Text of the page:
Animated Colombian crime feature competes at Annecy
“Sabogal” is a rare and notorious example of animation for adults, with very strong political content. It’s the producers’ – 3da2animation – first sally into entertainment as well as its feature film debut. Despite powerful underlying social criticism, “Sabogal” has been financed, in a healthily democratic move, by Colombian pubcaster Canal Capital “Sabogal” turns on a lawyer and staunch defender of human rights who is overwhelmed in a country that’s in crisis and is constantly under threat and in danger. But, undaunted, he battles obsessively for justice to be done. The producers of Sabogal, Juan Jose Lozano, Sergio Mejia Forero and Liliana Rincon, plan to continue in this vein, given the success of the film in their country, and its upbeat reception at Annecy.
“Sabogal” is a judicial thriller in defence of for human rights that is very rooted in recent Colombian history. It’s not a documentary, but it wants to be faithful to a political situation, and seems a very committed piece of filmmaking.
Yes, “Sabogal” shows a very specific historic context, a country whose recent history has been marked by cruel violence. What we did was create a product that offered a new narrative and aesthetic perspective, to re-tell the recent history of the country. Our priority, our main objective, is to allow new generations to approach that reality with new eyes.
How does this very special animation format fit in with something as serious as the fight for human rights?
As Colombians, we have grown accustomed to always seeing that reality in the same way. It is more and more difficult to be surprised or moved by anything. Furthermore, history is rarely told from the point of view of the victims, from the point of view of those who have been wronged and are gradually ostracized from official history. Animation allows us to take something that is so close to our day-to-day reality, but which is also so painful that when it is shown in such an unusual way we can start to break down the paradigms used to construct our memory.
The film is now starting to make the rounds on the international festival circuit and is looking for an international sales agent. What’s the state of play there at present?
There are, at present, several sales agents who have shown interest. To date, “Sabogal” has been screened at the International Film Festival and Forum for Human Rights in Geneva, Switzerland. We are quite advanced with negotiations with several international sales agents who have also shown interest.
“Sabogal” was initially a series, if I’m not mistaken. So the feature is a kind of spin-off. Why was the feature made?
Yes, “Sabogal” was indeed initially a series of 13 24-minute episodes, for Colombian public television. 3da2animation is a company that’s worked in animation on the theme of human rights, sexual discrimination, and similar topics since 2006…Our clients have been The United Nations, the Colombian Republic’s Vice President’s Office, etc. and we have found in animation a splendid tool to reflect what we are as a country.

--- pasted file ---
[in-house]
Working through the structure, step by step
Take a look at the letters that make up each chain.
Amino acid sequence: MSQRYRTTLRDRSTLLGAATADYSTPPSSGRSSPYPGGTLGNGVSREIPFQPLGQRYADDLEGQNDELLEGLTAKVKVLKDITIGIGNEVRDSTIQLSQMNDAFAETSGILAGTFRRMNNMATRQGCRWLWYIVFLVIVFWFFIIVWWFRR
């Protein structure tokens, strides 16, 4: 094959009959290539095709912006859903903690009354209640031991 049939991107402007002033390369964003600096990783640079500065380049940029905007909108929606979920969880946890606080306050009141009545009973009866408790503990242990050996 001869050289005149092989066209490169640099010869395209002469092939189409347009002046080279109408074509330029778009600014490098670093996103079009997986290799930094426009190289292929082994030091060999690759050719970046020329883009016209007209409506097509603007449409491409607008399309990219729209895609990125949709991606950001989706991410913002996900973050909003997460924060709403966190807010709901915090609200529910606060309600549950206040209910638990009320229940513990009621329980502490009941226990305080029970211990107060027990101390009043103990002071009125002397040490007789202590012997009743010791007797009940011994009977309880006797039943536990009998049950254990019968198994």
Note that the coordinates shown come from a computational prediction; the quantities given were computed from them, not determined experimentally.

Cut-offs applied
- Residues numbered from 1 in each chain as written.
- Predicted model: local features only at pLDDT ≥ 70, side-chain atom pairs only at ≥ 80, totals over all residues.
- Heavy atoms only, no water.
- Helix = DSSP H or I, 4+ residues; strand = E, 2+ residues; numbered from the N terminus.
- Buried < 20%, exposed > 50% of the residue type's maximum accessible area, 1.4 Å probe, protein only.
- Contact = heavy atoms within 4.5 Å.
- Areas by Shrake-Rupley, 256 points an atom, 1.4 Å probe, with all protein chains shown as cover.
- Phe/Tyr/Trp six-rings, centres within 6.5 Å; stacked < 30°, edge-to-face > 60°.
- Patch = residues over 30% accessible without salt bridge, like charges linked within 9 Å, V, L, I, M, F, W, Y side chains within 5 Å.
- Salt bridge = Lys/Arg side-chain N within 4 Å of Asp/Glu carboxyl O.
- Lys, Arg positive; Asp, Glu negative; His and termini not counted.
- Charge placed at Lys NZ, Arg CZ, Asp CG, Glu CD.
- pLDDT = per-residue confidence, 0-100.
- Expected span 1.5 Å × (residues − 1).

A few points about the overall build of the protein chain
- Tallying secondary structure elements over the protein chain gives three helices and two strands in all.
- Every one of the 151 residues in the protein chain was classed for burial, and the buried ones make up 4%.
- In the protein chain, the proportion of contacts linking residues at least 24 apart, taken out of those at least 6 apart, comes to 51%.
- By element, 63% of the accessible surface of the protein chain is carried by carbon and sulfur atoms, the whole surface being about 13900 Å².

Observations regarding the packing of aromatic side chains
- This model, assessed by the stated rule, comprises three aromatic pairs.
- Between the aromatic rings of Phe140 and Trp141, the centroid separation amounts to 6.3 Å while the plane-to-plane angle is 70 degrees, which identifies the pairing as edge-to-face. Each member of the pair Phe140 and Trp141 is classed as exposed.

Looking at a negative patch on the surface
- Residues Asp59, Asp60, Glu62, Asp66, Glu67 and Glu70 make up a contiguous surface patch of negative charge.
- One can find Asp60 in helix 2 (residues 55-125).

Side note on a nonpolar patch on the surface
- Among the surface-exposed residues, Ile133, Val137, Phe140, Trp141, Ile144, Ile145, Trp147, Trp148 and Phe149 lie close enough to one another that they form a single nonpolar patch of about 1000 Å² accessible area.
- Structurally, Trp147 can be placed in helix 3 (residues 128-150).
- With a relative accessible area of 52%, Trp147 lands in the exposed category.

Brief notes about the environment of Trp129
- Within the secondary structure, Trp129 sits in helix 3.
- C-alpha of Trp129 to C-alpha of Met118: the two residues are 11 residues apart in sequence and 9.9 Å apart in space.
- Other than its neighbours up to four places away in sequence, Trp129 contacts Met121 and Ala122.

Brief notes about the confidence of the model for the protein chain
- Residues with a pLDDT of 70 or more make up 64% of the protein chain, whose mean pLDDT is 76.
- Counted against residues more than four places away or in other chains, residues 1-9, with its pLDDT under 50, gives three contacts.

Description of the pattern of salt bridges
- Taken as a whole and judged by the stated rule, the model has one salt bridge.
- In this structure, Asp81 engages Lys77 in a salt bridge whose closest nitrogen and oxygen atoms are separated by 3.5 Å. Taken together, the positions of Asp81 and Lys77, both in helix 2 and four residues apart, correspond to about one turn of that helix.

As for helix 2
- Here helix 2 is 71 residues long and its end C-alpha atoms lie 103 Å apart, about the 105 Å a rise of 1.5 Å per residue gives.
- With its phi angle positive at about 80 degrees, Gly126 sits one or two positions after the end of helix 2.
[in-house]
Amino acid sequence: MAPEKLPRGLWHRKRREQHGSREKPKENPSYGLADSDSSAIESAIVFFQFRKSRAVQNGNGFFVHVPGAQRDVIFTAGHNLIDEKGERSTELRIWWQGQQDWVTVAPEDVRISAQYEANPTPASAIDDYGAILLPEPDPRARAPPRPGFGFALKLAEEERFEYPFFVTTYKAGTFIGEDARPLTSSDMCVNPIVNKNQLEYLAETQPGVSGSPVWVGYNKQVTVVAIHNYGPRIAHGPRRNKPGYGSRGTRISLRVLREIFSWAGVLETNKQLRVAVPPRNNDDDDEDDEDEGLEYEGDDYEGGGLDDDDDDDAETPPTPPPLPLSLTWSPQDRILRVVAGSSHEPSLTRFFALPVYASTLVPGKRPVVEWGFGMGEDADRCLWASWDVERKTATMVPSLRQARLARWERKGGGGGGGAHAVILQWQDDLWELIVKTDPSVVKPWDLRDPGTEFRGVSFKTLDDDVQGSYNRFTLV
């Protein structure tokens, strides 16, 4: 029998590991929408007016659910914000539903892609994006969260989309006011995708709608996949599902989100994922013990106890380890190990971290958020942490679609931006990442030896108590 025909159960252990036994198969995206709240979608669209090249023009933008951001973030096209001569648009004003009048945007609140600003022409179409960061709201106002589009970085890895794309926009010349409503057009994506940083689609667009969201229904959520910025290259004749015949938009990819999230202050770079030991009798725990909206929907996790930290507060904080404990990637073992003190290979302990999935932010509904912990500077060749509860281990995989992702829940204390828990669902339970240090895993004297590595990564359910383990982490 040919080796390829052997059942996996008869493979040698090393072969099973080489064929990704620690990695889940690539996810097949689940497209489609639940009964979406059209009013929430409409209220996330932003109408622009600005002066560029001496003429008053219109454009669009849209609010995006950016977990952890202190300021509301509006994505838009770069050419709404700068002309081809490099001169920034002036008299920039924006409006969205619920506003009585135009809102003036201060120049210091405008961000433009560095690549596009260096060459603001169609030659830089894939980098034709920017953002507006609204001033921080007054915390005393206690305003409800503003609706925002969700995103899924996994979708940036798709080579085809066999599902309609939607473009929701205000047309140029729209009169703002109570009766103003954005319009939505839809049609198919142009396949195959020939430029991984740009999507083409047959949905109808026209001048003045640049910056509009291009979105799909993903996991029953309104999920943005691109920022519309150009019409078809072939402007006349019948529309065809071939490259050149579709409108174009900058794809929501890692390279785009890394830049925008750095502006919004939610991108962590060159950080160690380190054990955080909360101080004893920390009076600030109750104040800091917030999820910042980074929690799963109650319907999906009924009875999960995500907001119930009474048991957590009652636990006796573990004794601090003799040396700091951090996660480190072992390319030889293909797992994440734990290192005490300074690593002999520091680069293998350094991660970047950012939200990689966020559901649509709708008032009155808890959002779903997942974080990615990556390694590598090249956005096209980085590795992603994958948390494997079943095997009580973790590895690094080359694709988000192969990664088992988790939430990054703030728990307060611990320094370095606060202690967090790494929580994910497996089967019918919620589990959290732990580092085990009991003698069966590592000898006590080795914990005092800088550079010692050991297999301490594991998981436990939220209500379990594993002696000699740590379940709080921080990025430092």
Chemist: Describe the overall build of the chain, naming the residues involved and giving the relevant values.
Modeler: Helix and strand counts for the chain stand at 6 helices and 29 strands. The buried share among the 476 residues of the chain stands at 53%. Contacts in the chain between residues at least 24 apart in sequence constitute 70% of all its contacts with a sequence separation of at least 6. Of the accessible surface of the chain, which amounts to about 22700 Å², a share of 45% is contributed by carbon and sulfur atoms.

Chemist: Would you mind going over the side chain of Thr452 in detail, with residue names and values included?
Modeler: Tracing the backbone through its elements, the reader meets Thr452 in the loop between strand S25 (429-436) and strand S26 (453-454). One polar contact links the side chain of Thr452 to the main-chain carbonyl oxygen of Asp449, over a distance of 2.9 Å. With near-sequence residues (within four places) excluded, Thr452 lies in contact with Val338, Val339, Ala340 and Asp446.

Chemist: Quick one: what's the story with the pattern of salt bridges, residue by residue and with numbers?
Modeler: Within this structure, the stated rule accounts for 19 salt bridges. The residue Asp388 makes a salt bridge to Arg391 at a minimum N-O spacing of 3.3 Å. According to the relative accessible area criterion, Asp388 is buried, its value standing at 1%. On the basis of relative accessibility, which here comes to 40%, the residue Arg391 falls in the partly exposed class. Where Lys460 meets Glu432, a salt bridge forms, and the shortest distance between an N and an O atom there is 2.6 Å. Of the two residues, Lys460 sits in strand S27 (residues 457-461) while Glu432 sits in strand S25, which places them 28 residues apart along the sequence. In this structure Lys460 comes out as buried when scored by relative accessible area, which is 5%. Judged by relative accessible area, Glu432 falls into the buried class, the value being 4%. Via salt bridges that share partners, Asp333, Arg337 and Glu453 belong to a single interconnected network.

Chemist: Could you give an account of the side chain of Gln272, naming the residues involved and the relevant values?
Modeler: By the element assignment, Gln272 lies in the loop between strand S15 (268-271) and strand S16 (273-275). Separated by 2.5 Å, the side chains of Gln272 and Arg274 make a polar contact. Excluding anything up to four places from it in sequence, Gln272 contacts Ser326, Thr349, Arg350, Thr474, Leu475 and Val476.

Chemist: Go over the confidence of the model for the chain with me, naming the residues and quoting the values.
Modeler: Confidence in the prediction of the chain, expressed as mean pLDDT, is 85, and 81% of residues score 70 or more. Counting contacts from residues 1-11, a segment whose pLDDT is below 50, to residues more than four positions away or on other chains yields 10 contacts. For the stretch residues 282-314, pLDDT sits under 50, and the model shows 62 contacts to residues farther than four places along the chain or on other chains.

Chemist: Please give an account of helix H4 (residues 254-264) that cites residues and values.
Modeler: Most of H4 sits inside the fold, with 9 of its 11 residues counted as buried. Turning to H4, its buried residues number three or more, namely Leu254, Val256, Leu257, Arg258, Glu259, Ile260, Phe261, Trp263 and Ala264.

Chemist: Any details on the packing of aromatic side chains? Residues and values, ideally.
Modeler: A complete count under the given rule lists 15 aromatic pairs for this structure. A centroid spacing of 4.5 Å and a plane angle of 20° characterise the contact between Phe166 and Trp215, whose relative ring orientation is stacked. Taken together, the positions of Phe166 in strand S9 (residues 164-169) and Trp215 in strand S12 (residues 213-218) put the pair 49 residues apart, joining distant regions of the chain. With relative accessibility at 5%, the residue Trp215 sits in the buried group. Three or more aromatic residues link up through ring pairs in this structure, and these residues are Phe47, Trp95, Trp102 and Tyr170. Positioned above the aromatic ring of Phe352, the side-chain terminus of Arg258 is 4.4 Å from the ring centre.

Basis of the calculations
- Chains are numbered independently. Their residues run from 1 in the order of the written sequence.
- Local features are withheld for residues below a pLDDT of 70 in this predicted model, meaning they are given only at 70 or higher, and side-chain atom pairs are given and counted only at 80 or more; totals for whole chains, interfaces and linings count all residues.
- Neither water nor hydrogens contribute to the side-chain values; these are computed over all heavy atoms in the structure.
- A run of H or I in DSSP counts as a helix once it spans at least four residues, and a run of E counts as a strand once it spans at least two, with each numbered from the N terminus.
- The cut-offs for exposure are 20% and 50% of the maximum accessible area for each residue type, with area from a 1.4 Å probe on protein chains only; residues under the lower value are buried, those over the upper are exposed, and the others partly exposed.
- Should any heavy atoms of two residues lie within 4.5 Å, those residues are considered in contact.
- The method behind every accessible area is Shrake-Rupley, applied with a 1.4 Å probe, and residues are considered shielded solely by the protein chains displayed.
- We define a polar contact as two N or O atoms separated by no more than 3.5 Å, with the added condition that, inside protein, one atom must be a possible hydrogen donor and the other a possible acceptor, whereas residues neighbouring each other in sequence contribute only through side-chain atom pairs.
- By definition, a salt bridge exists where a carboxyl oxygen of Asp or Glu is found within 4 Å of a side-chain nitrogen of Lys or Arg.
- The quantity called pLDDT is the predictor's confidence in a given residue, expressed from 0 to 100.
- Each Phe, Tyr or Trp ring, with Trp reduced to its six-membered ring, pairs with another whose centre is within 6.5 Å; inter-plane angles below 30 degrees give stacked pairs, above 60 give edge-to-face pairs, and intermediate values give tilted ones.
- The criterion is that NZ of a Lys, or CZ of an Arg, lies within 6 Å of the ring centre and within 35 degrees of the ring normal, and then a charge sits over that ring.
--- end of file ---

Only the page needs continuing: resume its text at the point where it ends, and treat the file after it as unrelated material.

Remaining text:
Your company worked before in the documentary field. Why this shift to fiction now?
We worked in the documentary field for 20 years. But social criticism through documentary remains in that domain, the documentary public. With animation we can transcend those limits. With animation, we get to young audiences, adult audiences…
But sales results for animation for adults are not very encouraging.
We are doing this for public TV. That’s why it’s public TV: to raise awareness, to take risks. Public television has realized that with such products it can show young and adult audiences alike our own recent history. Public television networks have enormous possibilities with this type of projects.
“Sabogal” was fully financed by Colombia’s Canal Capital, right? What was the budget?
It was $600,000 (she laughs)
We are interested in 3da2animation’s projects. Can you give us any details in that regard?
For the production of “Sabogal,” we had to do a fair amount of research on the technological aspects, because, as far as we know, it’s the first time in Latin America that we were capturing facial movement, body movement, voice, all at the same time, and doing the animation with open code software. “Sabogal” was a very demanding experience, which allowed us to learn a lot.
We want to bring all that we learnt to our next projects: another feature that mixes animation and documentary, along similar lines to “Sabogal,” and we are also developing an animated series on the peaceful resolution of conflicts, that provides us with useful tools at a moment when the winds of peace and hope are blowing across Colombia.